The key to understand is that in burst courses of prednisone treatment unless there extenuating circumstances like diabetes or major psychiatric disorders, shorter courses at higher doses are much safer than longer courses or longer tapers.  Now instead of hearing every attending and senior resident preach their favorite way to taper burst courses of steroids, they should be debating how short a course of high dose prednisone they can use and still get a good response.

215 Responses to Prednisone Taper

  1. Dr pullen

    Pills scare tge luving hell out of me and with all this taper talk and the vad things tfat could happen if you dont almost makes me not want to take this crap

    Here iswhat my doc prescribed

    Prednisone each pill 20 milligrams

    Day 1 & 2 60 mg/ day
    Day 3 & 4 50 mg / day
    Day 5 & 6 40 mg / day
    Day 7 & 8 30 mg / day
    Day 9 & 10 20 mg /day
    Day 11& 12 10 mg / day done

    Thos whole adrenal ctap itcwas talking about got me all freaked out

  2. I highly disagree with no taper for a short period. I was given prednisone at 40 mg/day for 7 days for a swollen uvula. After stopping medication the following happened: My uvula swole up twice, my knee started hurting severely without any accident, I had a severe stomach virus and puked for three days straight, I lost 12 pounds of muscle mass which i have not gained back, i had thrush for about three months, i had to drop my classes because i could not think, i have sciatica, depression. It has been a year and it still haunts me. A taper should have been used. I will never take any meds ever again. I would like to see any doctor try and take prednisone for a week without taper and just see what happens.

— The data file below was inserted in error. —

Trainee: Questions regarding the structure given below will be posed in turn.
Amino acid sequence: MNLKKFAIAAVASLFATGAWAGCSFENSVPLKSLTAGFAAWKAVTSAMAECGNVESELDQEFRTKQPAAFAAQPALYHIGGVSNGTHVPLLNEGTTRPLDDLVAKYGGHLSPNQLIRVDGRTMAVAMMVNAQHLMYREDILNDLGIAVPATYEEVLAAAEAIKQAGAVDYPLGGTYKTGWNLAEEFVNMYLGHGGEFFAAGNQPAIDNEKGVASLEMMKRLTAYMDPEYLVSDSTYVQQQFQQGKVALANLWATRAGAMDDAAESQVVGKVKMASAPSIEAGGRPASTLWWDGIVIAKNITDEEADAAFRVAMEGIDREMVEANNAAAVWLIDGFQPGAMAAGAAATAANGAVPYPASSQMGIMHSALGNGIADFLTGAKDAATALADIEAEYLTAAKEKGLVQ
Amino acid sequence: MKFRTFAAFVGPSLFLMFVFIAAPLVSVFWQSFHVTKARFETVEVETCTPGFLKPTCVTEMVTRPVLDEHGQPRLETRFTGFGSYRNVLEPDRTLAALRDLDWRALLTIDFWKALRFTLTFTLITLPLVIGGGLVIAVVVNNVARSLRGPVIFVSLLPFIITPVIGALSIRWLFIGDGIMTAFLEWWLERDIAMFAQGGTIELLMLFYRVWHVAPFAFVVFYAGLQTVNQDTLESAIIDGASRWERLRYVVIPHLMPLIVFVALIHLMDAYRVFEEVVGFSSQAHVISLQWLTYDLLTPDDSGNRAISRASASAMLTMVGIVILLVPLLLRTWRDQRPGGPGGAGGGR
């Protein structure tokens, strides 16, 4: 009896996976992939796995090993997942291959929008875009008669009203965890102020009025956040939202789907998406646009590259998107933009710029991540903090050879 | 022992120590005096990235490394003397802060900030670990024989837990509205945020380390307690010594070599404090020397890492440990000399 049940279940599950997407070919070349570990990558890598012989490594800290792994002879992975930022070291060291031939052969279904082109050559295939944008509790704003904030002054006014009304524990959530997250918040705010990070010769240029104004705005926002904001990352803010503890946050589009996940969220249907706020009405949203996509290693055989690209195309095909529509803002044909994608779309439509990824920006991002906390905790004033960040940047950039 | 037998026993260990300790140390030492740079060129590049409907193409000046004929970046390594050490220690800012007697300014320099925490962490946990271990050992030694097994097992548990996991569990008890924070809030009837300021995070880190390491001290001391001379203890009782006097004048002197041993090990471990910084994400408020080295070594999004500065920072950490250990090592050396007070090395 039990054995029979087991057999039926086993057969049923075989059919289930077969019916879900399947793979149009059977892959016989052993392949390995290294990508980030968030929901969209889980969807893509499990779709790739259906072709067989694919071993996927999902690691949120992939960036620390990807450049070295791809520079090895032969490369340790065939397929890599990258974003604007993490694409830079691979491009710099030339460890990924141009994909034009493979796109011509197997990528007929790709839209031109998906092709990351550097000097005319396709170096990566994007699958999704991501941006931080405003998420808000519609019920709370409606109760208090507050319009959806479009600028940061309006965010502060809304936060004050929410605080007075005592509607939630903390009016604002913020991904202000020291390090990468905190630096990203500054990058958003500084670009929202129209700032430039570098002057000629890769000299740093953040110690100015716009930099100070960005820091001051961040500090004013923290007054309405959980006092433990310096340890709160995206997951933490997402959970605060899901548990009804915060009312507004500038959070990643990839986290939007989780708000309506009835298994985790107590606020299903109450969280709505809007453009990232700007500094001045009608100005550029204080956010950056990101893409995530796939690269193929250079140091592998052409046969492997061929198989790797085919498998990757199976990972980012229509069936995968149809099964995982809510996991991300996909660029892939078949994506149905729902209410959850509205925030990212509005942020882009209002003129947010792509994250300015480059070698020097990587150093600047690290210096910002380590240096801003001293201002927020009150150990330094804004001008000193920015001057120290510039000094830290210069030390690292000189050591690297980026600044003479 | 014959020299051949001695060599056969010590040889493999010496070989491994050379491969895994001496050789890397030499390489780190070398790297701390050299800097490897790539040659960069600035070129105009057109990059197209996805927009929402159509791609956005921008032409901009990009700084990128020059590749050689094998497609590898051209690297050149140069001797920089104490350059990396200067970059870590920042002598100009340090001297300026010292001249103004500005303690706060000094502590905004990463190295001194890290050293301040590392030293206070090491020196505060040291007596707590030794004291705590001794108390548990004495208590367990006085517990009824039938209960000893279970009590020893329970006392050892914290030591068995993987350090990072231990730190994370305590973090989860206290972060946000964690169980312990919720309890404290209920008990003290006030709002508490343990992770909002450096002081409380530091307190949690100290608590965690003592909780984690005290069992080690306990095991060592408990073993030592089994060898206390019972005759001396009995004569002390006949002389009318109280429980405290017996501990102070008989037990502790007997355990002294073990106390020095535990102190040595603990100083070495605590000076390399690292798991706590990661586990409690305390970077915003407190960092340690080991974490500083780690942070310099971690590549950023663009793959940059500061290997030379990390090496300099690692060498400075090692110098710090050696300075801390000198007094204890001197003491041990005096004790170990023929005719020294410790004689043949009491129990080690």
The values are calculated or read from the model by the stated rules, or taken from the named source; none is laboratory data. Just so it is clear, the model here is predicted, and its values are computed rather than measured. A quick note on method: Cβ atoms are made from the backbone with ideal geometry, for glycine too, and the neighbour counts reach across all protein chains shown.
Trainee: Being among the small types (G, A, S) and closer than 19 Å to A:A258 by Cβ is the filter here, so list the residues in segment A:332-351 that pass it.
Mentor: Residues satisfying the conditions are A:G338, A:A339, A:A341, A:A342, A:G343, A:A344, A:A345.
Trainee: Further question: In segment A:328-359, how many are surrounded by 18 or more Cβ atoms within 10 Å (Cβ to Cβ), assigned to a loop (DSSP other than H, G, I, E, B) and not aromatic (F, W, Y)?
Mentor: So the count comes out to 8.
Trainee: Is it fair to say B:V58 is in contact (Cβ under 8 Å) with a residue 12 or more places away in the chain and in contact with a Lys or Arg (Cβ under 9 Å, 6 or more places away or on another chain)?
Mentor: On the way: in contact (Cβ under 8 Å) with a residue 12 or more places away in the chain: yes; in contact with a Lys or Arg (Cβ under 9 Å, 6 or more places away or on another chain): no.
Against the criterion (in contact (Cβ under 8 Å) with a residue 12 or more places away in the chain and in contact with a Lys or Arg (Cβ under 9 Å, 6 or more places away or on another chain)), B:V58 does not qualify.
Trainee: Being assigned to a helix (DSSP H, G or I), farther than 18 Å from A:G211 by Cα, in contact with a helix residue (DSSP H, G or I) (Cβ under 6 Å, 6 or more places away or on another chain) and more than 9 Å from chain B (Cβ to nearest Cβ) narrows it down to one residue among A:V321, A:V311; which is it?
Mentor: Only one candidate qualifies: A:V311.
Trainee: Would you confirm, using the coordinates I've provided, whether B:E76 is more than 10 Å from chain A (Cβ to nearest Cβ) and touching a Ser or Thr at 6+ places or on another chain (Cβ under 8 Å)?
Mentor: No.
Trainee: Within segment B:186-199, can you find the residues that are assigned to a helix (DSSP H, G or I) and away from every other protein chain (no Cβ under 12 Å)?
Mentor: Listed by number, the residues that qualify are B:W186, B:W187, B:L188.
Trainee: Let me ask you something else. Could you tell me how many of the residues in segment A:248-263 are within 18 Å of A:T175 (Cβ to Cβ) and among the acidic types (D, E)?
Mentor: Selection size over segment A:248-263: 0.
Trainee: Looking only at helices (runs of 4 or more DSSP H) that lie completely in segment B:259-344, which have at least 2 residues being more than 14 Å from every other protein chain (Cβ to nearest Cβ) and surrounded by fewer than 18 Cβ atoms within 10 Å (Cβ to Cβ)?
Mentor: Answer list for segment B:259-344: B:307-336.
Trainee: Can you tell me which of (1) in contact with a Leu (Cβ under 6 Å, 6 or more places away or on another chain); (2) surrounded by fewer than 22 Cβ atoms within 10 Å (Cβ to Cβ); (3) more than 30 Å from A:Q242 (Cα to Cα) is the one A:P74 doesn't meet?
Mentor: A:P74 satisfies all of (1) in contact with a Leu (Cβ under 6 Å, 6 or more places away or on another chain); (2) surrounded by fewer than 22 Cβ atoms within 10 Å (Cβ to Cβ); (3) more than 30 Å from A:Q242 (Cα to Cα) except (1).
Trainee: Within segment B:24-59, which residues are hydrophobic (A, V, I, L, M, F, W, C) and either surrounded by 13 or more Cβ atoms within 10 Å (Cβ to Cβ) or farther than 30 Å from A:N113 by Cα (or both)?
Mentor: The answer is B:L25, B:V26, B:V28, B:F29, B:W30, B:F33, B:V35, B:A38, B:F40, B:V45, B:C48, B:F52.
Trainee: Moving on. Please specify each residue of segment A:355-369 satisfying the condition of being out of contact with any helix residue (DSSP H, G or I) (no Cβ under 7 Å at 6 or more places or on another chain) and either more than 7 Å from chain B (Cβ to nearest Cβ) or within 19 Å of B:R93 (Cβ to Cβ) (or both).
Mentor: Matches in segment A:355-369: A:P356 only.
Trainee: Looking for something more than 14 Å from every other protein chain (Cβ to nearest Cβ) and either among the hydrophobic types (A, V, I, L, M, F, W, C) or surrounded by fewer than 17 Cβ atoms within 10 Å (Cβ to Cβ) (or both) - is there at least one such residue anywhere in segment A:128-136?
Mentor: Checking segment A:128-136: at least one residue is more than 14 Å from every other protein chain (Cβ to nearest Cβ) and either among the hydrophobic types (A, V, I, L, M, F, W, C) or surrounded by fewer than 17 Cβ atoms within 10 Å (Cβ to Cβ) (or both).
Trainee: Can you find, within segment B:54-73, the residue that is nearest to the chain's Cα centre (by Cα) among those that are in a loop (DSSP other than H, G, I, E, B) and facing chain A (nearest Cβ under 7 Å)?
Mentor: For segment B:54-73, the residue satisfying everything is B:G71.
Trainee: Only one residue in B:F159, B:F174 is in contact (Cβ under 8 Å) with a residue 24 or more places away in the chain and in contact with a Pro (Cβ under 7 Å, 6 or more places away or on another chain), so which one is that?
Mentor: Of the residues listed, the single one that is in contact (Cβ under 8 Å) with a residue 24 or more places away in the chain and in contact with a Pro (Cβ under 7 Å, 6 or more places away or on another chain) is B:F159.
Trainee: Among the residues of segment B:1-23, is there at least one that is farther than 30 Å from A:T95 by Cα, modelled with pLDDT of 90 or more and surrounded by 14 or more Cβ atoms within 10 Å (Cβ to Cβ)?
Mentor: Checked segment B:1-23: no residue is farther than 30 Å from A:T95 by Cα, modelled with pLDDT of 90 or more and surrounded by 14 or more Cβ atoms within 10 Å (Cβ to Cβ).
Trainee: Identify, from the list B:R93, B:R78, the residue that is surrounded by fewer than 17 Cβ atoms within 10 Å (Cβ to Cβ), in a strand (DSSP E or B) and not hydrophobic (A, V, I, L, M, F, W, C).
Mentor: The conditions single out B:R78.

3. After three months on a very high dose of prednisone for severe chronic idiopathic urticaria and angiodedema, (60/day mg at first, then eventually down to 20 mg), I gained 35 lbs, had edema in my legs and feet and severe knee pain from the extra weight, and couldn’t sleep at all. I’was able to taper down gradually to 10 mg, then 5 mg daily over the course of a month, lowering my daily dose by 1 mg every week without recurrence of my symptoms. But ever since I’ve been slowly tapering down from that point, the side effects of withdrawal have been completely debilitating and ghastly. My doctor suggested reducing the dose by as little as .25 mg every two weeks to minimize the effects, but even with this minimal reaction and slow taper, I feel like death for a good 5 days after each reduction. Can you recommend something (anything!!) that would help the horrible withdrawal symptoms? Feeling this way is almost worse than the condition that put me on prednisone to begin with, or the horrible side effects of being on prednisone at a high dose. Other than a low salt, low sugar healthy diet and plenty of water and regular exercise (all of which I do except for the days when withdrawal symptoms keep me glued to the couch and sobbing), are there specific foods, herbs or dietary supplements that would help with the withdrawal? I’ve already lost 15 lbs on the lower dose through vigilant diet and exercise, though it’s come off agonizingly slowly because of the medication. I’m ready to reclaim my life, but at 3 mg now, at this schedule of a .25 mg reduction every 2 weeks, I’m looking at losing three more months to this agonizing slow taper. There are days when I just want to die rather than feel like this. Please give me advice on how to help survive this process and hope that it will get better. Thank you.